One of the greatest travellers in human history, twenty-one-year-old law student Ibn Battutah set out alone to Mecca from Tangiers in 1325 and returned to Morocco almost thirty years later....
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One of the greatest travellers in human history, twenty-one-year-old law student Ibn Battutah set out alone to Mecca from Tangiers in 1325 and returned to Morocco almost thirty years later. This is the story of his first pilgrimage, book-ended with never-before seen documentary footage of the contemporary Hajj. Filmed for initial presentation in IMAX and other giant screen cinemas.Written by
Using Ibn Battuta's name to sell soft-core documentary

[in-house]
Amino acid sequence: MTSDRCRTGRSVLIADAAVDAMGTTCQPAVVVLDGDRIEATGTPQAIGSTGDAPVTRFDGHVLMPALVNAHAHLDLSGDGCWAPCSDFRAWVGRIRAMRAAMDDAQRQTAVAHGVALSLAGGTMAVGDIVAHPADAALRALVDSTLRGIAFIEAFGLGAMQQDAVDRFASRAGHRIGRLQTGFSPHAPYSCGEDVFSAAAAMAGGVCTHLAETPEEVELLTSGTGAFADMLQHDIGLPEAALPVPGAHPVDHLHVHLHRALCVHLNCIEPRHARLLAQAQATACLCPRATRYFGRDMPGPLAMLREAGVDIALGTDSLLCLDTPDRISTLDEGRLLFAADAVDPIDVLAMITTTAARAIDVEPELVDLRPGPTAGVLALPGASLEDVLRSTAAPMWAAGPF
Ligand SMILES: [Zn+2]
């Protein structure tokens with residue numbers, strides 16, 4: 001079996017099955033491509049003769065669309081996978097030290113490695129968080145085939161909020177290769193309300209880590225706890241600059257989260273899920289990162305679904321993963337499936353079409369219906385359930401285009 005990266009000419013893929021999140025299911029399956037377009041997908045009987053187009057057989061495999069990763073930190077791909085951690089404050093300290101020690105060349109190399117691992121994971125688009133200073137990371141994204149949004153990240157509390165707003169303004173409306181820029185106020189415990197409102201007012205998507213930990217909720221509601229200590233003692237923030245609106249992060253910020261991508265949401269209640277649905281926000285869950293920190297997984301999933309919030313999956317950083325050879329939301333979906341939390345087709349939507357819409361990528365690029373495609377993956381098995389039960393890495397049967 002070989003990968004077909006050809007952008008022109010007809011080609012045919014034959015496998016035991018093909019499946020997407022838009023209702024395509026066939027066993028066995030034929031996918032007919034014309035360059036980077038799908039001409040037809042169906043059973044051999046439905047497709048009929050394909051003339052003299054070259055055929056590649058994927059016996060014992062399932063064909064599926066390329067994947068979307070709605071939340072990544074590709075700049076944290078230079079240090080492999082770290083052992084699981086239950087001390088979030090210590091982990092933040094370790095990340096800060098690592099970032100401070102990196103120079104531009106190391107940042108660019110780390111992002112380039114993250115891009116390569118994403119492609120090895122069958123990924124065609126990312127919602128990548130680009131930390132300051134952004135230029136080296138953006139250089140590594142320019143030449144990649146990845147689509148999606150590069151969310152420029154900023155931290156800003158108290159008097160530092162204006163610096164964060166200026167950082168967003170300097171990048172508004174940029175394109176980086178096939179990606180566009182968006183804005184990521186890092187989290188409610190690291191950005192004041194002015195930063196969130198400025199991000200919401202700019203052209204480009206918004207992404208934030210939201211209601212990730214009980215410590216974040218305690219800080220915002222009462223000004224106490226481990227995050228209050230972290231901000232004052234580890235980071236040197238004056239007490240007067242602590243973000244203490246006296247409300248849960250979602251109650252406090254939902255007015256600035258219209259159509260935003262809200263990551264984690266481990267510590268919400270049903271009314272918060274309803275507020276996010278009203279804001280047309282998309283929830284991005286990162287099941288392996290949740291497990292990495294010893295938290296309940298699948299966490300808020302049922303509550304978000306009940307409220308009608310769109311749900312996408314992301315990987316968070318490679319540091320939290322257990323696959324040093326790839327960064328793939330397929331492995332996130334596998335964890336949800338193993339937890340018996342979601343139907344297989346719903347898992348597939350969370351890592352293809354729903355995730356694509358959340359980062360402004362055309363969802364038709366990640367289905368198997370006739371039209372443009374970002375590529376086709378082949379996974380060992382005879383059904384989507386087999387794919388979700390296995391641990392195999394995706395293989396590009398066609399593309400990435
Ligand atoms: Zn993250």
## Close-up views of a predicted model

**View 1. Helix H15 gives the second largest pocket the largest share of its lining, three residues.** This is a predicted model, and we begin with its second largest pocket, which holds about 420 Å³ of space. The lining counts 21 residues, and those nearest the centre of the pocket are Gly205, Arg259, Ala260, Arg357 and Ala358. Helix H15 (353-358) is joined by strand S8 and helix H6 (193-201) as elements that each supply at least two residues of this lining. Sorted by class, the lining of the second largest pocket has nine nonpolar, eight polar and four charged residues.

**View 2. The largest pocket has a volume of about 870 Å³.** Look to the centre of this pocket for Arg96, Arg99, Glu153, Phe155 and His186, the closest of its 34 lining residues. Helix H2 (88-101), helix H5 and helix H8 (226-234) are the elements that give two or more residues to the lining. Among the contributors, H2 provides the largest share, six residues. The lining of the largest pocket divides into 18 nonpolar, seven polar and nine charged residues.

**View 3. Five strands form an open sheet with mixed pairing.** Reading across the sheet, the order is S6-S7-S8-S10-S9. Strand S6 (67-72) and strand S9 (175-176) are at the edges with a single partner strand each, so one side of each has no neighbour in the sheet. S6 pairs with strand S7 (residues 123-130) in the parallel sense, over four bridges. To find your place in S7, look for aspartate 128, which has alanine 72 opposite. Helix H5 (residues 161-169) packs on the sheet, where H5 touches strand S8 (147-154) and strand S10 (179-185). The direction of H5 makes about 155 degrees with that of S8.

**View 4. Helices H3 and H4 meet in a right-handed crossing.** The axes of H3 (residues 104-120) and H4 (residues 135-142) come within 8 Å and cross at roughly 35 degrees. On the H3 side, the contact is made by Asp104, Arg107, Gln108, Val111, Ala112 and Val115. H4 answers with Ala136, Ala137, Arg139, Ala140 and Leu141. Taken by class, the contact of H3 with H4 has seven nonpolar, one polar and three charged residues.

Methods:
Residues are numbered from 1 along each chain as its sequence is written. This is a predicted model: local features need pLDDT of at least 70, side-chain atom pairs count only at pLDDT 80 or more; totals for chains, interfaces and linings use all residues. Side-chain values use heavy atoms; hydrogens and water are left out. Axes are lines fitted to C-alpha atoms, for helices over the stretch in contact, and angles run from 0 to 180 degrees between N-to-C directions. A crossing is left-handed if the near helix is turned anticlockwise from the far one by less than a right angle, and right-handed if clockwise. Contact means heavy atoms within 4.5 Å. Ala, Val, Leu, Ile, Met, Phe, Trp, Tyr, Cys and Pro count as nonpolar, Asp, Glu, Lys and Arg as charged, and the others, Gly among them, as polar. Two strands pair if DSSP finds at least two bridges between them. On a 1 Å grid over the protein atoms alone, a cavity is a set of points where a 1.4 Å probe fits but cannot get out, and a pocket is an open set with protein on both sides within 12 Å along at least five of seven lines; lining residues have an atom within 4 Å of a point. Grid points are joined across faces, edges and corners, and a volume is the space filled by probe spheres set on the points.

Disappointing. Really. From all the interesting, adventurous and cool things that happened in Ibn Batutta's life none were used. An average person will have a distorted view of Ibn Batutta. If I hadn't read his Book I would too. I feel that the creators of this movie cleverly used his name to sell a documentary on Hajj. Even there too - Hajj is just sloppily touched on and the movie abruptly ends. There is no real in-sight into how Muslims used to live or how Ibn Batutta lived - you go in knowing nothing and come out knowing less. I hear that a lot of 'research' was done but apart from the footage of the Ka'ba (which you just need permission and a camera for) I don't see any of it. There was so many obvious glitches (like every man in the Great Caravan having mustaches instead of beards and the women walking around with their hair loose under small scarves - clearly extras from the eastern film industry and in no way properly portraying the style of Muslims couple of hundred years ago.)Anything you saw in a Moroccan film you'll see here.I don't know what research these creators are talking about. From a plot point of view this movie was bland. We see Zinoune travel through the boring, empty,dry desert most of the time. There was no real substance or story-line. I was expecting more considering how exciting the trailer and synopsis were made out to be. The only good thing is that Muslims aren't portrayed as mass-murderers and the Hajj has accurate details (we'll pretend we never saw everyone coming up from Sijda without the Imaam saying 'Allaah-hu-Akbar'). In short - a highly-pumped, overrated, pointless movie with no idea what it wants to be or where its going. A loose cannon. I can't believe that we're supposed to believe that they actually did research about Ibn Batutta, ancient Arabia or Hajj. You'd have to know absolutely nothing about Islaam to watch this film - if that's you, then go for it, but if you know even a little bit - take a pass. Read his book; it was way better.
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